Battle on the Beach bike race

Mud, Sweat, Gears and over training

At the weekend I travelled to Henham in Suffolk for my first cross country race of the season. I have not been feeling great for the last few weeks, my body and mind have felt tired and I have found things have been getting on top of me in all aspects of my life.

Training between 6 and 12 hours a week, working full time and running your own business does not leave a lot of recovery time, and I think I have now officially burnt out!

I have been ignoring the ‘warning’ signs that this was coming. I have been really tired even though getting plenty of sleep. I had a few little colds, not felt like training and training was certainly not going how I wanted it too and to top it all I felt mega emotional!

This all caught up with me at Henham. I did a practice lap and after the great inspiring session with Steve Manser the day before I felt confident on the course.

My start was not great I missed my pedal and everyone else shot off. Where I can usually recover from moments like this, this time my head was telling my body it was game over and my legs were in complete agreement.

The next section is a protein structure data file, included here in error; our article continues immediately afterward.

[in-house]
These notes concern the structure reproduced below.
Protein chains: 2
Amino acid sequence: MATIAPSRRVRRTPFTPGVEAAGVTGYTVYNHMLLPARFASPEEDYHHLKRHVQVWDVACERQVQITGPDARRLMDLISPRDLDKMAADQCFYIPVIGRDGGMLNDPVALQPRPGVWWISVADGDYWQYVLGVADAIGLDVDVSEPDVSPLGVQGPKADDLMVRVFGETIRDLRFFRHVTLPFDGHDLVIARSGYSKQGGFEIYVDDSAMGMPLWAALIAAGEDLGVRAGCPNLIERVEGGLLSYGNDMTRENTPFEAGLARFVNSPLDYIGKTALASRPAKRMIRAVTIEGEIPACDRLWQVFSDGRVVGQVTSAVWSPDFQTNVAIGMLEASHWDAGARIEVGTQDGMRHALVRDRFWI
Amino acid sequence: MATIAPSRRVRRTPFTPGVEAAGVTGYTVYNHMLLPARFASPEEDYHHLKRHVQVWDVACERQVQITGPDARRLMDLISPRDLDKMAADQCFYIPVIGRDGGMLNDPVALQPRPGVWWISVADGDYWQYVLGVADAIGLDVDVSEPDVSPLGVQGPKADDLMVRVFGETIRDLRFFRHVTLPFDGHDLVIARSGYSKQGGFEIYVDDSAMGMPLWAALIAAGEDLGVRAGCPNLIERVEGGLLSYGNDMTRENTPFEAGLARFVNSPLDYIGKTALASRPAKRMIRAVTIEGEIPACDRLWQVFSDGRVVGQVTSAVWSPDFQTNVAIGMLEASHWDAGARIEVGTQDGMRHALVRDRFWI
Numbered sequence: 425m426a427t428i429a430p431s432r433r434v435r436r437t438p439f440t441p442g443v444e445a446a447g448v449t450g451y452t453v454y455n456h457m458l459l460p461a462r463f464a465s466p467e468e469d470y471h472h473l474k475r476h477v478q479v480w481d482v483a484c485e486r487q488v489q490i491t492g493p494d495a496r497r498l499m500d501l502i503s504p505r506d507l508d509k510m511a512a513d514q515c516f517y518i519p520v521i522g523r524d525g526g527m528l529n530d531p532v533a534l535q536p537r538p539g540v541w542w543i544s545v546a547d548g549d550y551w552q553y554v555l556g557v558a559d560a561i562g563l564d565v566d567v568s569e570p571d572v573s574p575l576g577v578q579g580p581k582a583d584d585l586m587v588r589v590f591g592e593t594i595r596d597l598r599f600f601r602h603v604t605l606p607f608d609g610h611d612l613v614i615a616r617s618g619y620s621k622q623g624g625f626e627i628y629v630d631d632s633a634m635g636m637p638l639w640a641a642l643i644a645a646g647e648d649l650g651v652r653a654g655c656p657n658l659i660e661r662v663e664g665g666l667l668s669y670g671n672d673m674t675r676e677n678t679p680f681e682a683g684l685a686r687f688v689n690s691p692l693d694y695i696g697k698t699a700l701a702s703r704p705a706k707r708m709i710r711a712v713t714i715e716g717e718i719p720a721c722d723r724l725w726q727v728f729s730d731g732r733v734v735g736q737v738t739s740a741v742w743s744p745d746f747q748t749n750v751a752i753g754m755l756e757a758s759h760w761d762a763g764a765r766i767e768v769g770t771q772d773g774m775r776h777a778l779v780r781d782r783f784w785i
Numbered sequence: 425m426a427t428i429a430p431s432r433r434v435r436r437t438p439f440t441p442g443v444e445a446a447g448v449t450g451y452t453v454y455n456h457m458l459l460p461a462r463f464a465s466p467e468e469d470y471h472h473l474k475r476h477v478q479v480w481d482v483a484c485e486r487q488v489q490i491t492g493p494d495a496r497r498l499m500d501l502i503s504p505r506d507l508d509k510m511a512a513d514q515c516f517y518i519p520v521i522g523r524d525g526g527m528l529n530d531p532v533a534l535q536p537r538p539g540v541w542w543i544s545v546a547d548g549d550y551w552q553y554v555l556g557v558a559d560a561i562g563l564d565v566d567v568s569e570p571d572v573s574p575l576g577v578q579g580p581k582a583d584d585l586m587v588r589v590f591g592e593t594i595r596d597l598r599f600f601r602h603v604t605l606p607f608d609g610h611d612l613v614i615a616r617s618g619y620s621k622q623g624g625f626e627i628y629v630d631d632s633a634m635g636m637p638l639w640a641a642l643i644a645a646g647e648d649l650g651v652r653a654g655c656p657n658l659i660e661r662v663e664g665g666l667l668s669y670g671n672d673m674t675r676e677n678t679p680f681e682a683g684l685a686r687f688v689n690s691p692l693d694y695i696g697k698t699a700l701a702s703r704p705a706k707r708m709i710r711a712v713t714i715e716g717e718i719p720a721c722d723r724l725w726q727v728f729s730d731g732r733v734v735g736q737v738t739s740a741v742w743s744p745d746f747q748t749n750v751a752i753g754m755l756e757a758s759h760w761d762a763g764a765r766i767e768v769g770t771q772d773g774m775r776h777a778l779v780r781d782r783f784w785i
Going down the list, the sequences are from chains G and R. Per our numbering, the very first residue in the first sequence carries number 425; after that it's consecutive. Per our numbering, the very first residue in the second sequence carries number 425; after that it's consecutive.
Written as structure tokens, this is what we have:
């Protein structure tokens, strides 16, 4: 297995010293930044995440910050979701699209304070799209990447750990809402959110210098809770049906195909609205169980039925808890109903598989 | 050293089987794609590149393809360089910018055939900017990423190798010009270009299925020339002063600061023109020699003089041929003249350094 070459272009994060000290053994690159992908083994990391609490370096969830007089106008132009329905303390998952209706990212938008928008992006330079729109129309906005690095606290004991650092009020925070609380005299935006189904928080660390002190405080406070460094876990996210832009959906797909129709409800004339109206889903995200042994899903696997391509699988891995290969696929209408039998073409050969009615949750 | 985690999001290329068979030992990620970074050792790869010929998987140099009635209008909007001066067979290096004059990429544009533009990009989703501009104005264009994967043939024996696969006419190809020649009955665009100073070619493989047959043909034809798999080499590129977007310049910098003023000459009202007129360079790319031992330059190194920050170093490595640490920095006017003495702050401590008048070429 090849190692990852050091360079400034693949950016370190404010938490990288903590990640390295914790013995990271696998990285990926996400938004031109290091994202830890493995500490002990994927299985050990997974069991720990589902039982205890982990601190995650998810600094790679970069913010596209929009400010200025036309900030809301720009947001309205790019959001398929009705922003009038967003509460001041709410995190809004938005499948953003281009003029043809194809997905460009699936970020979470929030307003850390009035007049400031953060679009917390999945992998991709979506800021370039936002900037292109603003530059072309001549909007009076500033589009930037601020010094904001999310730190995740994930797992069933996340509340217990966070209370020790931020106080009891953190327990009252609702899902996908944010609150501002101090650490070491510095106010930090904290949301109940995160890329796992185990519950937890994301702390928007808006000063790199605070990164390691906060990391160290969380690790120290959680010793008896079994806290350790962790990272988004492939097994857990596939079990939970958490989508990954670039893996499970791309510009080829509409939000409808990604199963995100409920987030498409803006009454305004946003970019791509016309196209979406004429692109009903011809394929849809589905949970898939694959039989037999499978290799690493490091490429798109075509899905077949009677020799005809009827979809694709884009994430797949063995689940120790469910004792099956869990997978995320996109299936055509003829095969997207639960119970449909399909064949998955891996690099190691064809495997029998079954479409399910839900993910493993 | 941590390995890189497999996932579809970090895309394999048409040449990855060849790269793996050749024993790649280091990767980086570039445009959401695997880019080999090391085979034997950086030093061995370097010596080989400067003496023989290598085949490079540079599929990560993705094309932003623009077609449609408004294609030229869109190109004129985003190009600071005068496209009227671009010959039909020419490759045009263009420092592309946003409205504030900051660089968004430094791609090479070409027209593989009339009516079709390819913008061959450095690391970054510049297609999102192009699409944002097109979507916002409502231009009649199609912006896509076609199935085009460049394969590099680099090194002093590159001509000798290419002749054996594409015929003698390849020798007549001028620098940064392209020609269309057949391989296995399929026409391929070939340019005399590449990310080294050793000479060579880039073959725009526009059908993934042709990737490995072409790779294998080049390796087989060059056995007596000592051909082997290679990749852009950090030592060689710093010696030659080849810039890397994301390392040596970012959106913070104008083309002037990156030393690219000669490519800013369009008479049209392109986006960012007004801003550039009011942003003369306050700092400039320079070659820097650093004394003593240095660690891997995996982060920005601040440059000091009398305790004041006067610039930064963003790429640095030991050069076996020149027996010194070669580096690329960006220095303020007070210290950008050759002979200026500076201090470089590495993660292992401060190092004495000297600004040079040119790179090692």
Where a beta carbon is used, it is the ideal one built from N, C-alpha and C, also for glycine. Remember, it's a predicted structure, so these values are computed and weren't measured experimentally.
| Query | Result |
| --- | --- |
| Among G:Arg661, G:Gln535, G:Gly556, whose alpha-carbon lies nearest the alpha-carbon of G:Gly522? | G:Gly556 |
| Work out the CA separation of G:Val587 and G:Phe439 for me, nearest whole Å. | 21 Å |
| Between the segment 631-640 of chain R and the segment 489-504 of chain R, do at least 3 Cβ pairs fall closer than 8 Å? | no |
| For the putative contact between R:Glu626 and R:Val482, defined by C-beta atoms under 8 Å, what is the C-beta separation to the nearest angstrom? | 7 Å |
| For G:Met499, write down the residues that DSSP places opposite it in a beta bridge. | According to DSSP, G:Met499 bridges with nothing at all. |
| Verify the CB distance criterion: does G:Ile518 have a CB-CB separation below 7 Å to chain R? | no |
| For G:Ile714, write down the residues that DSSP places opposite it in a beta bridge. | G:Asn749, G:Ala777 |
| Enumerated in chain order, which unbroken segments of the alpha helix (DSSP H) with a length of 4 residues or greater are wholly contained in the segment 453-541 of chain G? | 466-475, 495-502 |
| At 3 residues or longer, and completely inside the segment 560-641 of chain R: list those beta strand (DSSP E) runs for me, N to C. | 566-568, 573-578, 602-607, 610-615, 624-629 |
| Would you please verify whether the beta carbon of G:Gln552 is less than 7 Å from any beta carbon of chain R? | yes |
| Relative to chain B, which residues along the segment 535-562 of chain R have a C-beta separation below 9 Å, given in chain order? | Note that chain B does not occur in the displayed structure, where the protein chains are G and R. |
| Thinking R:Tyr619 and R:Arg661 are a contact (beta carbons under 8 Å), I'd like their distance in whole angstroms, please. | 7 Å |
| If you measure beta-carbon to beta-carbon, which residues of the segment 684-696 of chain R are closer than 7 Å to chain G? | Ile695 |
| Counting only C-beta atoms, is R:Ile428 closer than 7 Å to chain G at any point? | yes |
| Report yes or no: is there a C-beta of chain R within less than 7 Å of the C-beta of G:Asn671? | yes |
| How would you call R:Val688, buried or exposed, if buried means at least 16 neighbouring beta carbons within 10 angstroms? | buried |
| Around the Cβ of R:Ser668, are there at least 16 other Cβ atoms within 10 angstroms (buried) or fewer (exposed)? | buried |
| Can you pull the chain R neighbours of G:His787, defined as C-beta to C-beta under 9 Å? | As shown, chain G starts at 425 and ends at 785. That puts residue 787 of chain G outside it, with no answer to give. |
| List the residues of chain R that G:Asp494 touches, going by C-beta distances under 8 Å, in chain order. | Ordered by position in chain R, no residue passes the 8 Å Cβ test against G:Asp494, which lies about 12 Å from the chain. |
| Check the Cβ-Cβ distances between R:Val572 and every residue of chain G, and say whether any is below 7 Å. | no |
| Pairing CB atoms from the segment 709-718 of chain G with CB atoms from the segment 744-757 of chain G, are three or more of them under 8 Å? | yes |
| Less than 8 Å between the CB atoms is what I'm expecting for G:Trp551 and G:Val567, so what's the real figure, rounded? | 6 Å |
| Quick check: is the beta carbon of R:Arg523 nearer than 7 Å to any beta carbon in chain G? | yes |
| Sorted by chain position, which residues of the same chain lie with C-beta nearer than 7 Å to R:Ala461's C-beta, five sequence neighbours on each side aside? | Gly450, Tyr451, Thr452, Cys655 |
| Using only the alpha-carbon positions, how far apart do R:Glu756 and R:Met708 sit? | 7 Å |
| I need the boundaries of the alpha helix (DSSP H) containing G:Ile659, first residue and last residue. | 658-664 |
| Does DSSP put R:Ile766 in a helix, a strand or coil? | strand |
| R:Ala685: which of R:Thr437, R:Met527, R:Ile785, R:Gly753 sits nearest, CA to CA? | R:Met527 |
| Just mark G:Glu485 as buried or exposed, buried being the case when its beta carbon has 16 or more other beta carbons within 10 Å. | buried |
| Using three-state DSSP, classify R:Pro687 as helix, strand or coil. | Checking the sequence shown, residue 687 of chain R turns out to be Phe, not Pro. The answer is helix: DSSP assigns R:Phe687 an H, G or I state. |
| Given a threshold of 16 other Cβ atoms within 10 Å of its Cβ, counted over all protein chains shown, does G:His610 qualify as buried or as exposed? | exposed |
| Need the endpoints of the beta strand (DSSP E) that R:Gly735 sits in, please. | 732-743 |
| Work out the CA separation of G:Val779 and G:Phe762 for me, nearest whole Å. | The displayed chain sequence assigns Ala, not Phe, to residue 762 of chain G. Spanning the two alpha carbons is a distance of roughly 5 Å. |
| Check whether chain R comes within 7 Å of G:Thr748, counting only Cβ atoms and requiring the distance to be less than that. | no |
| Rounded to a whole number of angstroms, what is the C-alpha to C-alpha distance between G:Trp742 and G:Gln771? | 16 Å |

I finished my first lap knowing that the first lap I usually find hard, but this was different. When I pushed down on the pedals I had no power, I felt like I was going backwards, after another lap I decided that I should listen to my body and stop.

I have never pulled out of a race and this was such a hard thing to do I kept wondering whether I made the right choice, was I just being a wimp?

Looking back on my decision it was the right one. My body needs some recovery time and trying to push it too hard on Sunday was just going to mean I would need more time off.

My plan now is a training free four days when I can concentrate on letting my body recover fully.

It has been a steep learning curve for me, I have been training so hard spending every spare moment I have on the bike, working on my endurance doing 5 hour rides and dedicating my time to becoming the best mountain biker I can be. So it is really frustrating when you get to the start of a race not feeling your best and not able to perform in the way you feel you should.

What I have learnt from this is to look out for the signs of overtraining and workout a way with my coach that I can focus on training for the Trans Alp in the most efficient way possible.

Part of my challenge is I am always pushing myself, which isn’t a bad thing, but part of that is I am not very good at saying no and take on too much.

Anyway in every situation there is a chance to learn and improve. I am now on my last recovery day feeling a lot happier and rested.

I look forward to what tomorrow brings….

 

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